We’ve all heard the saying, “a clear space, a clear mind”.Well, they had me at "a clear space, a clear mind." Because I'm a firm believer in that simple principle. I have severe troubles concentrating and producing amid clutter and distraction.
But what does it actually mean?
Well, it’s quite simple – the more cluttered the space around you is, the more you have to think (or worry) about.
This can apply to your personal or your working life.
The article, by Louise Clarke, went on to list four helpful tips for office organization. But it didn't mention my single most effective office organization tool: a "bring-up" file.
What is that, you say?
I'm glad you asked. A "bring-up" file--also called a "tickler file" by some time management folks--is a simple but helpful collection of forty-three file folders.
When a bill comes in the mail, I open it, note the due date, and then put it in the "bring-up" for seven days before it's due. That way I never miss a payment.
If there is something--like a birthday, perhaps, or an estimated tax payment--I want to remember three months from now, I may record in my desktop calendar...but I will also put a note, card, or payment voucher in that month's folder.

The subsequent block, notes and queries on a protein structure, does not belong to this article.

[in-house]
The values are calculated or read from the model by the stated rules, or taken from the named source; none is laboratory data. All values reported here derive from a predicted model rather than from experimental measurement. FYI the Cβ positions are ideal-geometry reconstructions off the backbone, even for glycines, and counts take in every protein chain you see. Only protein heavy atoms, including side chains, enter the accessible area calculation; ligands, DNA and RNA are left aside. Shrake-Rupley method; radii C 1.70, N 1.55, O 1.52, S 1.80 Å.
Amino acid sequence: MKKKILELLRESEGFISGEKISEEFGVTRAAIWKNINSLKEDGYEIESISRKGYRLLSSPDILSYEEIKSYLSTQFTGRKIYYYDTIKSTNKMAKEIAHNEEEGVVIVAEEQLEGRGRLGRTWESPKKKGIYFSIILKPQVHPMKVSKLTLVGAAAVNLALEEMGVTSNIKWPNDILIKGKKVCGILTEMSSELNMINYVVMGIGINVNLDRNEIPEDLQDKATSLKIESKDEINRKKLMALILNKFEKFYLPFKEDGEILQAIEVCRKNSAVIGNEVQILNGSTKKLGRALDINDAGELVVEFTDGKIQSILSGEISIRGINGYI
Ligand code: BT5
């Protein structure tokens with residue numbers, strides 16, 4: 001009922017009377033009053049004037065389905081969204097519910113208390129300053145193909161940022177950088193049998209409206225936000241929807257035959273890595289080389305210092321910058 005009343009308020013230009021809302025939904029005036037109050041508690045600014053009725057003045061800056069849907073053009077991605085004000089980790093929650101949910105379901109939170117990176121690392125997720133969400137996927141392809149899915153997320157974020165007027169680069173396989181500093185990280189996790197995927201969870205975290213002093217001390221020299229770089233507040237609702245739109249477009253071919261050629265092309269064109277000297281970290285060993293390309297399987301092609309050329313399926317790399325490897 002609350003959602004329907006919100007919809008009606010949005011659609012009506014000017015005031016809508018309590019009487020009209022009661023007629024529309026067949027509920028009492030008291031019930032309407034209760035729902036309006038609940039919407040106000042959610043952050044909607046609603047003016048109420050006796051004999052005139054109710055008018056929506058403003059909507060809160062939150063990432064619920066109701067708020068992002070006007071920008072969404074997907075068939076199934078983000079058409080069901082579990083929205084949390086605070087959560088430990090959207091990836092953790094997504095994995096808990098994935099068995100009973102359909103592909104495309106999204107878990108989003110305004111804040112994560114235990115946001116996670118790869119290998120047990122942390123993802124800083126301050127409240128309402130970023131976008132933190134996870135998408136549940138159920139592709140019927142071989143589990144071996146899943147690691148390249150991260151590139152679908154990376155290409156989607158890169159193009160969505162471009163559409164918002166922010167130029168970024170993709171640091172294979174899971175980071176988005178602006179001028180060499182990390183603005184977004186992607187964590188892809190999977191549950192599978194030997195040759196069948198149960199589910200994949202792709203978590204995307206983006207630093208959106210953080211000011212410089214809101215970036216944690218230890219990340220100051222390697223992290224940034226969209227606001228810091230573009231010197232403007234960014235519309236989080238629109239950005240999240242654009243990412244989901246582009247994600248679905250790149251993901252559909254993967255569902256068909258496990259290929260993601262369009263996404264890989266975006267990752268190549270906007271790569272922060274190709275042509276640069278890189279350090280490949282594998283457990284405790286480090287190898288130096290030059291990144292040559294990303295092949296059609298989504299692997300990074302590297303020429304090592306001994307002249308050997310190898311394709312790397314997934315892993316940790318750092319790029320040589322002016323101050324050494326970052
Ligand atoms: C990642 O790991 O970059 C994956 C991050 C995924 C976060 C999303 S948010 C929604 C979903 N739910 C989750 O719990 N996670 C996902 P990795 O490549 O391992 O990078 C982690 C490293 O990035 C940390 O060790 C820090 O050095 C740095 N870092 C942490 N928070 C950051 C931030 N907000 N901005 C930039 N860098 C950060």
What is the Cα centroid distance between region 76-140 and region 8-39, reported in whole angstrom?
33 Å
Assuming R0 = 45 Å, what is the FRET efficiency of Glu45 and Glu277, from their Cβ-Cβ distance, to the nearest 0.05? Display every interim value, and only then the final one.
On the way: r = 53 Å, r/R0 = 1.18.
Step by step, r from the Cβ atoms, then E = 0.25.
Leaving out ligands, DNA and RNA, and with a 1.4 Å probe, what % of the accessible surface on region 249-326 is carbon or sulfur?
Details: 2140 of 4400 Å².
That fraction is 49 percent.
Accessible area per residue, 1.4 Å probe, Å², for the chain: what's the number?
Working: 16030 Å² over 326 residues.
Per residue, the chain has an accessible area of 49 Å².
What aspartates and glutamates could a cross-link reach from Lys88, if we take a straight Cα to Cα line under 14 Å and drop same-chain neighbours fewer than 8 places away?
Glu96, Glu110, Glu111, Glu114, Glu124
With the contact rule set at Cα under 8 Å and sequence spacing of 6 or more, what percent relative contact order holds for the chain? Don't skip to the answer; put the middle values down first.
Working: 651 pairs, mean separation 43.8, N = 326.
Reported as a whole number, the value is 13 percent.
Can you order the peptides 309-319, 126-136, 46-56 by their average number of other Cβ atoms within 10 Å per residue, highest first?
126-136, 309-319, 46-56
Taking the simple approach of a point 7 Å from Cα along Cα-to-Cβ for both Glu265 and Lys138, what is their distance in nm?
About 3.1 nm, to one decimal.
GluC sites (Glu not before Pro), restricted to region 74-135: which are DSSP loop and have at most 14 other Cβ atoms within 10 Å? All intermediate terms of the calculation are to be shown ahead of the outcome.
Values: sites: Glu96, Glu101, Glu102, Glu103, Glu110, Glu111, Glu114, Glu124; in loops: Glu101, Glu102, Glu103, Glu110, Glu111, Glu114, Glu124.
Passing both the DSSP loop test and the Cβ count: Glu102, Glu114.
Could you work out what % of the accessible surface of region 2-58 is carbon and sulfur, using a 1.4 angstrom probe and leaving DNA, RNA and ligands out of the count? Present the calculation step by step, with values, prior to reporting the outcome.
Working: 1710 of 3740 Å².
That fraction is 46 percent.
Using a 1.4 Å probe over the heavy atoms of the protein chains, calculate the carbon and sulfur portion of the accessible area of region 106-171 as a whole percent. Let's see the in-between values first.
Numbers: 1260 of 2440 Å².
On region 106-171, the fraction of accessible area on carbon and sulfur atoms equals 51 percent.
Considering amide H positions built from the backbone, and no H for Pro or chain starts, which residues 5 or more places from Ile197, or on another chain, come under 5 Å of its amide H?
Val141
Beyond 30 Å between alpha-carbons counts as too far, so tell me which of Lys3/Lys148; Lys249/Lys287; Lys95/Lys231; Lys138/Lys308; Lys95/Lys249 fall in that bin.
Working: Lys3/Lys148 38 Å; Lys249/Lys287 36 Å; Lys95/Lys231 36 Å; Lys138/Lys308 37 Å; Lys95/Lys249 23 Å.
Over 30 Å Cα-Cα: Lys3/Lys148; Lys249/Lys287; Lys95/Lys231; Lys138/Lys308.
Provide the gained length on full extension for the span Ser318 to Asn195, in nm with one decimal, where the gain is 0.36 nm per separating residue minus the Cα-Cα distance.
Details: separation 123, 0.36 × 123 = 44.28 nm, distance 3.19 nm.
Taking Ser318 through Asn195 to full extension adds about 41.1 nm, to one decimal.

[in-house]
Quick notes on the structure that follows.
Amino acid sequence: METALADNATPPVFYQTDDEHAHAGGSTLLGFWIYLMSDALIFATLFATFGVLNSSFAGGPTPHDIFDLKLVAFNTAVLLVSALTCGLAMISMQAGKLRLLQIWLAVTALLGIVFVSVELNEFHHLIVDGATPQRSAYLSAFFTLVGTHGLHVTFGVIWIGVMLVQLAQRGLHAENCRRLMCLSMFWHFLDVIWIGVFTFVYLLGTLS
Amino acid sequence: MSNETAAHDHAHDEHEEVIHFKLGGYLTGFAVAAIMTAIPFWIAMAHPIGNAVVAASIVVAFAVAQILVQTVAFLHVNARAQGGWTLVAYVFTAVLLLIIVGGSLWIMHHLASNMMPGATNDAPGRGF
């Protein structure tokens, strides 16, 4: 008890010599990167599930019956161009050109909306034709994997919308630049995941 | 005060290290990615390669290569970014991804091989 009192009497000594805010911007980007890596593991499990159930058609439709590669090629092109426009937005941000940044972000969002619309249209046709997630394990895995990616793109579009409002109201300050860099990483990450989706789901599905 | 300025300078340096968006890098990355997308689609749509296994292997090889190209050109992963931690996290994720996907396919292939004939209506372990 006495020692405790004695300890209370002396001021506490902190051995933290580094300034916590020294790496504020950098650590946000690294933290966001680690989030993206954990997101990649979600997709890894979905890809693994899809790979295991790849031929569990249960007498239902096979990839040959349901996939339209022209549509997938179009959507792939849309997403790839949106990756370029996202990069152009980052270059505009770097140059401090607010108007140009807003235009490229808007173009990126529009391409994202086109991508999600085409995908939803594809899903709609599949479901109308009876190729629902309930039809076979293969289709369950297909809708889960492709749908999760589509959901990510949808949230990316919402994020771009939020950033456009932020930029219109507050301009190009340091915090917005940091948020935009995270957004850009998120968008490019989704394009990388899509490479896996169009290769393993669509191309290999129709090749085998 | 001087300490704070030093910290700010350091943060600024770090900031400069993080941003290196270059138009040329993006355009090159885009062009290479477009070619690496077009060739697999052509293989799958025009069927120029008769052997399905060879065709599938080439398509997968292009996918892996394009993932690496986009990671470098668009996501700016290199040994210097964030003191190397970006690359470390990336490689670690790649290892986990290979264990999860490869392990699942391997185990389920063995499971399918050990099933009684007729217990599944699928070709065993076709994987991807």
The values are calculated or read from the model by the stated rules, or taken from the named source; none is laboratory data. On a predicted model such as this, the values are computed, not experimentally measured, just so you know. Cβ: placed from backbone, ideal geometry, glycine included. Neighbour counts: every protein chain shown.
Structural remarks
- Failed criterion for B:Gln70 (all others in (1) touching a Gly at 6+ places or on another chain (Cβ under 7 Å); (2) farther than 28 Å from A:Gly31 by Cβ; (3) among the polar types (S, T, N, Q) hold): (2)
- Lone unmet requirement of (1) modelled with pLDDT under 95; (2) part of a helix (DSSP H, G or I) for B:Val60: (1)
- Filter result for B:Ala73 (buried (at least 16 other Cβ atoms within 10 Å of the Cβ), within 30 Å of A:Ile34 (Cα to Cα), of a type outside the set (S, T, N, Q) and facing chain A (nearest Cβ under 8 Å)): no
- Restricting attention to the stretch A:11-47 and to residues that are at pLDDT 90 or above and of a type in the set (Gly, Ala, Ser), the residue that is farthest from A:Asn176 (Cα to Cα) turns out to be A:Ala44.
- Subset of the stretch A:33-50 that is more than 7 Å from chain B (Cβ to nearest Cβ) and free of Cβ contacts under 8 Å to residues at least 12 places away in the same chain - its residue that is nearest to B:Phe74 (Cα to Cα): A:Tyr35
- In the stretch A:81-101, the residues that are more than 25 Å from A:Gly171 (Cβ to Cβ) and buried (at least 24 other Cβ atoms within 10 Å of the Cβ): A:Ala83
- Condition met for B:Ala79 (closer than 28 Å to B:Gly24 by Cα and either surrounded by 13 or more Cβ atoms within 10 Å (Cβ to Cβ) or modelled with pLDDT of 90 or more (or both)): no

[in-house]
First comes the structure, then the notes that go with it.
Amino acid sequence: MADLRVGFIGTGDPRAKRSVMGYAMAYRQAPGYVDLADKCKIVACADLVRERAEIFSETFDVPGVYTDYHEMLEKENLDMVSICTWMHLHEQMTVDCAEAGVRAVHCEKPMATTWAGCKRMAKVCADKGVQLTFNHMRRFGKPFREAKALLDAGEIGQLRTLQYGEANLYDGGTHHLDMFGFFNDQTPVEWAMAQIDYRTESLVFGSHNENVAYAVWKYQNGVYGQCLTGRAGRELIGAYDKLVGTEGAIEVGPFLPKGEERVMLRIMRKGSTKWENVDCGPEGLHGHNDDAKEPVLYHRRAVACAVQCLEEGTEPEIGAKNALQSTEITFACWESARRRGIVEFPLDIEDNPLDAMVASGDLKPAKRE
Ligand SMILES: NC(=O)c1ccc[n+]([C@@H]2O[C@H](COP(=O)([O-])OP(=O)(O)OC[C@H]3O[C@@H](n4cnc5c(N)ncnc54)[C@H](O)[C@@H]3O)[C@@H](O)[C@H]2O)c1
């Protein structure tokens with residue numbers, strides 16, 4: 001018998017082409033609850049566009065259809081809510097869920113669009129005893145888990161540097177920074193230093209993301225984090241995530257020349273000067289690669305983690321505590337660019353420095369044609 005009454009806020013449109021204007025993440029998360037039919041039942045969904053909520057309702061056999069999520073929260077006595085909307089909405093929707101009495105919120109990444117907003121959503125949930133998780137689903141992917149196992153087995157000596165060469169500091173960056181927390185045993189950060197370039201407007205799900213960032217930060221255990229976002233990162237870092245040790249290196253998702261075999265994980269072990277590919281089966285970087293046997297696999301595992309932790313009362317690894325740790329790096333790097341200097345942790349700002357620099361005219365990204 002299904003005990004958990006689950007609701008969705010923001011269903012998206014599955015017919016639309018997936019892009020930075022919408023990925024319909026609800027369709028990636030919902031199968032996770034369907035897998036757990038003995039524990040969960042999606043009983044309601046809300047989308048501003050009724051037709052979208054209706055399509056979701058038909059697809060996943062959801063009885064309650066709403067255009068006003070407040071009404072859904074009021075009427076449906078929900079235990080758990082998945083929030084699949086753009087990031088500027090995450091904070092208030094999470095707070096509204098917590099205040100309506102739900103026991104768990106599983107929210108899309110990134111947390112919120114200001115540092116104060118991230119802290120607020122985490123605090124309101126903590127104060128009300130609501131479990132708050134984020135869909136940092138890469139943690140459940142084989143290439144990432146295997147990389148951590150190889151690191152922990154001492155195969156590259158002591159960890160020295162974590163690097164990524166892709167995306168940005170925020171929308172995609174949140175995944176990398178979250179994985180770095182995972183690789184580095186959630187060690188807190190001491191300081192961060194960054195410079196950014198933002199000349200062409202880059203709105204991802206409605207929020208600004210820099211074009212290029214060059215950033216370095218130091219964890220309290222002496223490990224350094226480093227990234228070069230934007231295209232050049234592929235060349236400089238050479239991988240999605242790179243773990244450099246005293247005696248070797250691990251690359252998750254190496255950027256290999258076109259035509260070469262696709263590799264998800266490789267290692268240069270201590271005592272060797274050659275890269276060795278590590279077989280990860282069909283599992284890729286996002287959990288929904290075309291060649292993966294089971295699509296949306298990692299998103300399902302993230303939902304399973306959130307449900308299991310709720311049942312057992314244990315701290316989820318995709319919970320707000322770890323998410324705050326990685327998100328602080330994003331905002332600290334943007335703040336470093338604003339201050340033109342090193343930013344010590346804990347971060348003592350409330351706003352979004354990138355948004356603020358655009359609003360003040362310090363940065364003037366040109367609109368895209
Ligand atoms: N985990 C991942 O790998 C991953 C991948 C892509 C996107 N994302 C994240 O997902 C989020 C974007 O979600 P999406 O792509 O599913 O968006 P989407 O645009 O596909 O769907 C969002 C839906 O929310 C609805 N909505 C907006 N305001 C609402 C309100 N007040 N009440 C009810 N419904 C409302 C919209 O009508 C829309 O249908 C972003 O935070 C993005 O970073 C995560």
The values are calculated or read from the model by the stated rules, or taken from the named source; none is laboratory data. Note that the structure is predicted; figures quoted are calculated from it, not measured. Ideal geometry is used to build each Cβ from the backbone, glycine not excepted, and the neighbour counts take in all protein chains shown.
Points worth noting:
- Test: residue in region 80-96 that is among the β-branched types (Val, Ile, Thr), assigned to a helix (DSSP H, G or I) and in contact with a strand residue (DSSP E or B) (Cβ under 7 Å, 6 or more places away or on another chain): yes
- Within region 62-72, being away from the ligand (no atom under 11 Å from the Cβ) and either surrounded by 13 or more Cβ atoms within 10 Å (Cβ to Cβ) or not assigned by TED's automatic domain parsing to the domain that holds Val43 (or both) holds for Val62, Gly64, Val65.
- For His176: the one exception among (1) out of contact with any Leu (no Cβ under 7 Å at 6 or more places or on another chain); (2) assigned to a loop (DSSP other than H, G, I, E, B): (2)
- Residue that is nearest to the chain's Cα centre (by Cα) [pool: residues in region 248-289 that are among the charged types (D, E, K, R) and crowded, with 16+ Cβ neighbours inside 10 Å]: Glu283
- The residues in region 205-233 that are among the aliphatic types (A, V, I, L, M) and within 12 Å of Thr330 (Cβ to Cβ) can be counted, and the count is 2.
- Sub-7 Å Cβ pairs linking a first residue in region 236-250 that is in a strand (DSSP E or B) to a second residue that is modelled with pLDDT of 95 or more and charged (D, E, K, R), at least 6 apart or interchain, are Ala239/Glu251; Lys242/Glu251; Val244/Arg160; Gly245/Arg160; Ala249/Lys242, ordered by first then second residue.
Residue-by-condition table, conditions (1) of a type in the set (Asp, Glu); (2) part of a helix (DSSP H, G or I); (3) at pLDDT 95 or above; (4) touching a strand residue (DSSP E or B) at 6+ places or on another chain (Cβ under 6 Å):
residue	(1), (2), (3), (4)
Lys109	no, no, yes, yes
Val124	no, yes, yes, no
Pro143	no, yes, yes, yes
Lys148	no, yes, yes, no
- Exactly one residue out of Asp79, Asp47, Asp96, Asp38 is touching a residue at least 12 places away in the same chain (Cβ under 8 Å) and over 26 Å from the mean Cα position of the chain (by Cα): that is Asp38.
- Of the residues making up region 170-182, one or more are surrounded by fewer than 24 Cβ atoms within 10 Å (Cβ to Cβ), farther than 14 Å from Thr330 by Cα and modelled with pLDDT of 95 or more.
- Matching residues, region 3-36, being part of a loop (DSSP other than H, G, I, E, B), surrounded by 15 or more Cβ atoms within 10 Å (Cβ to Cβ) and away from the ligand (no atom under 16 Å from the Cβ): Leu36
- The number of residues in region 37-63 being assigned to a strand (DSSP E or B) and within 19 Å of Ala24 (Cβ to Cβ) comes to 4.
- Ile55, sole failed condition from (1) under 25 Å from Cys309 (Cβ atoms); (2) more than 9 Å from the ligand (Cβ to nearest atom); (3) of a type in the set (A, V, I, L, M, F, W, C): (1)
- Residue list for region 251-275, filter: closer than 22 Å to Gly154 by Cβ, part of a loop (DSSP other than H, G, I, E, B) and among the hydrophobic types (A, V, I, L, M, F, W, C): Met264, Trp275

If I have a restaurant coupon to use on my next "date night" with my wife, I'll simply put the coupon in that date's "bring-up" folder.
Articles to be read, maps and reservation forms for upcoming trips, reminders of goals I want to meet, seasonal reminders (like when to order mulch or change furnace filters), etc. all go in the "bring-up."
And, perhaps most importantly, at the end of a workday, I simply take all the papers and forms from my desk and put them in the next workday's folder.
I've often recommended this system to friends--even helped some set it up, though it's so very simple, just forty-three labeled folders! And I've mentioned it often at speaking engagements, to writers and pastors. And I'm frequently surprised at how many people have never heard of or used such a simple tool. But I have, for nearly forty years now, and even as I've added technological helps like alerts and "reminders" on my digital calendar and iPhone, I continue to rely heavily on my "bring-up" system to maintain "a clear space" and "a clear mind."
What about you? What's your most effective office organization tool?